Saturday, November 3, 2018

Beauty and Happiness

Research now confirms what seems obvious to an aesthete like me: the experience of beauty makes people happy. One recent major study found some effect on happiness from the usual suspects -- meaningful work, supportive relationships -- but those were not the biggest effects they documented:
Instead, happiness is most easily attained by living in an aesthetically beautiful city. The things people were constantly surrounded by—lovely architecture, history, green spaces, cobblestone streets—had the greatest effect on their happiness. The cumulative positive effects of daily beauty worked subtly but strongly.
Tens of thousands of people are now carrying around a phone ap that asks them twice a day what they are doing and how happy they are. The happiest people are having sex, but after that the happiest activities all have to do with art or beauty.

There are a lot of issues with this sort of research. For one thing, an inability to experience or enjoy beauty is a common symptom of depression, so it might be that happy people find their surroundings beautiful rather than the other way around. For another, the kind of psychologists who research this question very much want it to be true, and we've seen the huge effects that can have in the findings of social scientists.

I take it seriously because it fits so well with my own experience. I have many times had my mood darkened just by walking by a massive concrete structure, or through a barren parking garage, and just as often had it lifted by a flowering tree of a lovely facade.

So this is another part of my theory about why our wealth has not made us happier: because we spend too much of it building ugly things.

1 comment:

G. Verloren said...

The wrinkle with your specific take on these findings, John, is that people don't agree on what's beautiful.

As I've mentioned previously when you've posted about things like Brutalism, different people view different aesthetics in entirely different ways. It's fine that you personally don't like Brutalism, but what always rubbed me the wrong way is how you treat your distaste for it as if it were universal, or even somehow objective.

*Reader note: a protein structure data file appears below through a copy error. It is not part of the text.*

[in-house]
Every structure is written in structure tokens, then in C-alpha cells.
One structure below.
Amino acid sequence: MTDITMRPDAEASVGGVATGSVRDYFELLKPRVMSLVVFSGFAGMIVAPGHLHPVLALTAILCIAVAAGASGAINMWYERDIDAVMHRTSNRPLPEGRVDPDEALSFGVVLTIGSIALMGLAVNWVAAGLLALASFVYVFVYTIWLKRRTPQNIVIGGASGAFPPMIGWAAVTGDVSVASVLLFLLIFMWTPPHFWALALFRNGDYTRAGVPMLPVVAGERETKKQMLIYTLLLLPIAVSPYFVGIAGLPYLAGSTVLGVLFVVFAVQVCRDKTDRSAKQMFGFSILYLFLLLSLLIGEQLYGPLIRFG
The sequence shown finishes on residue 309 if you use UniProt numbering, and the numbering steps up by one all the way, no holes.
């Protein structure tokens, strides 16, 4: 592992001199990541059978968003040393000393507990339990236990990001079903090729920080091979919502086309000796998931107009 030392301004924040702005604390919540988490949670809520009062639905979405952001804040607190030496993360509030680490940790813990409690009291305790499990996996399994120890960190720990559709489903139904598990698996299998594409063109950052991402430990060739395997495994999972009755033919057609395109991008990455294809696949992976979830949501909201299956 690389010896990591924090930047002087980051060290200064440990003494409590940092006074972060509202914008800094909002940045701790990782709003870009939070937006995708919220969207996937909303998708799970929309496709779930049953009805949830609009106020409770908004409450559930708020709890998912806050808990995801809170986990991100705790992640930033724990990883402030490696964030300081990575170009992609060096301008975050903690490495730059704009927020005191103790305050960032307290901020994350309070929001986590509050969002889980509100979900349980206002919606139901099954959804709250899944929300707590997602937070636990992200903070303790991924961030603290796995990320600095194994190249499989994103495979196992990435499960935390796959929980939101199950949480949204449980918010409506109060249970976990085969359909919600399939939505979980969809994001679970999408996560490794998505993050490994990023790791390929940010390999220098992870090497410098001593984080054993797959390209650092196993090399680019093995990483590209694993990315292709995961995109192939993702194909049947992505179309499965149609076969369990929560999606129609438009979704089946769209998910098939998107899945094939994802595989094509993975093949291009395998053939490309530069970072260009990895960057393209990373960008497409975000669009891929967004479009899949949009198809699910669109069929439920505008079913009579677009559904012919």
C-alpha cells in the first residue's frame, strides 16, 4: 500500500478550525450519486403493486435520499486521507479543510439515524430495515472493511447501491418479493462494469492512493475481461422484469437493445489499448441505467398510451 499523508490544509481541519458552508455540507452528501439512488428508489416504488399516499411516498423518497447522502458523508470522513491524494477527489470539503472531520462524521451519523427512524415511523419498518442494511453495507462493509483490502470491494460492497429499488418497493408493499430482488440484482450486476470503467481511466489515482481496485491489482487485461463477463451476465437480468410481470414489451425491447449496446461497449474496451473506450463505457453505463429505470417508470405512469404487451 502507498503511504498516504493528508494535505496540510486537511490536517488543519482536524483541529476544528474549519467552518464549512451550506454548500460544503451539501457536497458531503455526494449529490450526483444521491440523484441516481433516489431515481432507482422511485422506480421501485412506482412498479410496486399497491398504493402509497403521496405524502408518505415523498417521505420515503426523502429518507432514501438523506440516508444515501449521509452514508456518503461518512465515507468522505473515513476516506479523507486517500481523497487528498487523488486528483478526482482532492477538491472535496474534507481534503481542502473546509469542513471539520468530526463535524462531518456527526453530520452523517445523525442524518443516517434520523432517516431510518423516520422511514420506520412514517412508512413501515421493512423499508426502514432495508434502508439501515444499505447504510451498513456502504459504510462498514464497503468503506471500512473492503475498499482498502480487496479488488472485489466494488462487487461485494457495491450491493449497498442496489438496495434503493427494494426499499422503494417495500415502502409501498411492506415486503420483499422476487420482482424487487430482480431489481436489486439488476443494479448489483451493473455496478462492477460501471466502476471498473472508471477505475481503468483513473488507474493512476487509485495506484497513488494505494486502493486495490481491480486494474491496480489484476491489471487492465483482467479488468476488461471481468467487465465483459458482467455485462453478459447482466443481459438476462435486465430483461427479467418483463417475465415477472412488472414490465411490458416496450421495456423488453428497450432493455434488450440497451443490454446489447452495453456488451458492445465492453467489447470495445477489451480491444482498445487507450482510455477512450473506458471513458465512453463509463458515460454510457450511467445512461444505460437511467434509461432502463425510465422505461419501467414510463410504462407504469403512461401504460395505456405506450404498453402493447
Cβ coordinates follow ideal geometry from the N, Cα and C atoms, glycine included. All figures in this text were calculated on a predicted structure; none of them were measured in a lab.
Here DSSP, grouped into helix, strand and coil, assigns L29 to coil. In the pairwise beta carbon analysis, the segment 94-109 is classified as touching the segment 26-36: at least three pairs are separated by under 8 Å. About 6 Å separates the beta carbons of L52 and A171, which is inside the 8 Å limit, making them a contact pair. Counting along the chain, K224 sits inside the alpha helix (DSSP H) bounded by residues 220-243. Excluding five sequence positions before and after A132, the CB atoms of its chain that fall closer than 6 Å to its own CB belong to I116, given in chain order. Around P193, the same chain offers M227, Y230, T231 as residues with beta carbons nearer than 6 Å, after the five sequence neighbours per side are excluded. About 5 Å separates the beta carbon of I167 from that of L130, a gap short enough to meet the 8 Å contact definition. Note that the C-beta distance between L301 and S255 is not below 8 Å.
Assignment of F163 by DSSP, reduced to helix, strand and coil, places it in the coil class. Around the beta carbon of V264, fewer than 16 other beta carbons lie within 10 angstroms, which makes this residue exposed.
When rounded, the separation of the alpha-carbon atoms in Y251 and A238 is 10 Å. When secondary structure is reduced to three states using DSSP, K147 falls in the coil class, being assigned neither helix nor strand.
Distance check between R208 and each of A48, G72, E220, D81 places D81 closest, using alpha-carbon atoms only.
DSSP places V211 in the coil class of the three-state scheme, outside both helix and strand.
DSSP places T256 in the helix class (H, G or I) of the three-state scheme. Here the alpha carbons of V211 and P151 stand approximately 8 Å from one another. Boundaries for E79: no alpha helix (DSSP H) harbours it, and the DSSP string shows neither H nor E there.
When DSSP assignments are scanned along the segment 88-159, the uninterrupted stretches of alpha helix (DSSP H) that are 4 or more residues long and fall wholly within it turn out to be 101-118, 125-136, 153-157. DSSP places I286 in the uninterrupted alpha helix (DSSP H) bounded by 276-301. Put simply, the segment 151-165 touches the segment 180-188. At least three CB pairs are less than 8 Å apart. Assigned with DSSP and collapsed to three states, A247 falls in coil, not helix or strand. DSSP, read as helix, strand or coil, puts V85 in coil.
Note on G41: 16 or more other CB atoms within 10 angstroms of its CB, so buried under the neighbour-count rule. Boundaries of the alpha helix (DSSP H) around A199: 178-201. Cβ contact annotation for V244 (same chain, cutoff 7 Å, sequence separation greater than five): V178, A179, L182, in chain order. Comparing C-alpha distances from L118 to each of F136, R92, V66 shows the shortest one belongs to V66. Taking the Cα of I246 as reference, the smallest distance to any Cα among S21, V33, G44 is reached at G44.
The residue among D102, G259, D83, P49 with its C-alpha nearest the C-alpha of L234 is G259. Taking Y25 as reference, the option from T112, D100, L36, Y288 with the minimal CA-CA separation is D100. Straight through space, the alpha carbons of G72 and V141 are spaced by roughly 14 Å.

That same mentality appears to be creeping in again even here, with your argument that we waste too much wealth and resources on building too many "ugly" things. As if people think to themselves, "Aha! I know what I'll spend all these millions of dollars on! A building that is absolutely hideous! Perfect!"

No one ever thinks their own preferred building design in a given project is ugly. There are just actually people out there who genuinely like the buildings you don't. And they have every right to like those buildings, and the fact that they support or patronize such aesthetics is not a problem of a failure on their part - any more than your own support and patronage of your own pet aesthetics is one on yours.

I don't think anyone would say no to living in more beautiful surroundings, given the option. I think the issue is that no one can actually agree on what "beautiful surroundings" actually even means, because it's different to different people.

I have literally NEVER had my mood darkened by walking past a massive concrete structure or through a barren parking garage. And I've quite often been utterly unmoved by flowering trees, and some of the "lovely facades" you've showcased on this blog previously I've actually hated with a passion.

So how could we ever decide what sorts of things qualify as "beautiful", and therefor deserving of more funding? Even with just us two people, it would be difficult to reach some sort of agreement, and it would necessitate substantial compromise and both parties funding "ugly" things they'd really rather not. How could that possibly be made to work on the scale of even a single town, much less across society as a whole?

Now, sure - some things enjoy broader general appeal. For example, you and I can both agree that more greenery is generally good, at least in principle. We might disagree on the exact details, but we'd both like to see more parks, more gardens, more trees lining public roads and avenues, et cetera. There are some general aesthetic trends that are fairly universal like that, and few if any people will complain about them.

But whereas you might find an old Victorian Baroque Revival civic building built in the 1800s to be a gorgeous and pivotal centerpiece of some downtown plaza, I could just as easily find it to be a hideous reminder of the dark legacy of European colonialist and imperialist values and prefer it be torn down and replaced by something more modern and economical (which you in turn hate for it's heavy usage of concrete, glass, and steel), and round and round we'd go.

I do think there's a kernal of truth underlying what you've said - people need to be able to surround themselves with the things they individually find beautiful. But I don't think the solution to that is so much about our public architectural choices (which by necessity have to try to appease or not offend everyone), and is much more about enacting policies which help enable private citizens to make their own beauty.

This is why I am hopeful for mechanization and automation to eventually make the majority of human labor obsolete. Give people more free time to devote to making their surroundings more beautiful in their eyes, and you will see happiness rise. It's not so much about wealth, so much as it is about the ability to learn creative skills, rather than marketable ones to be relied on to earn a living.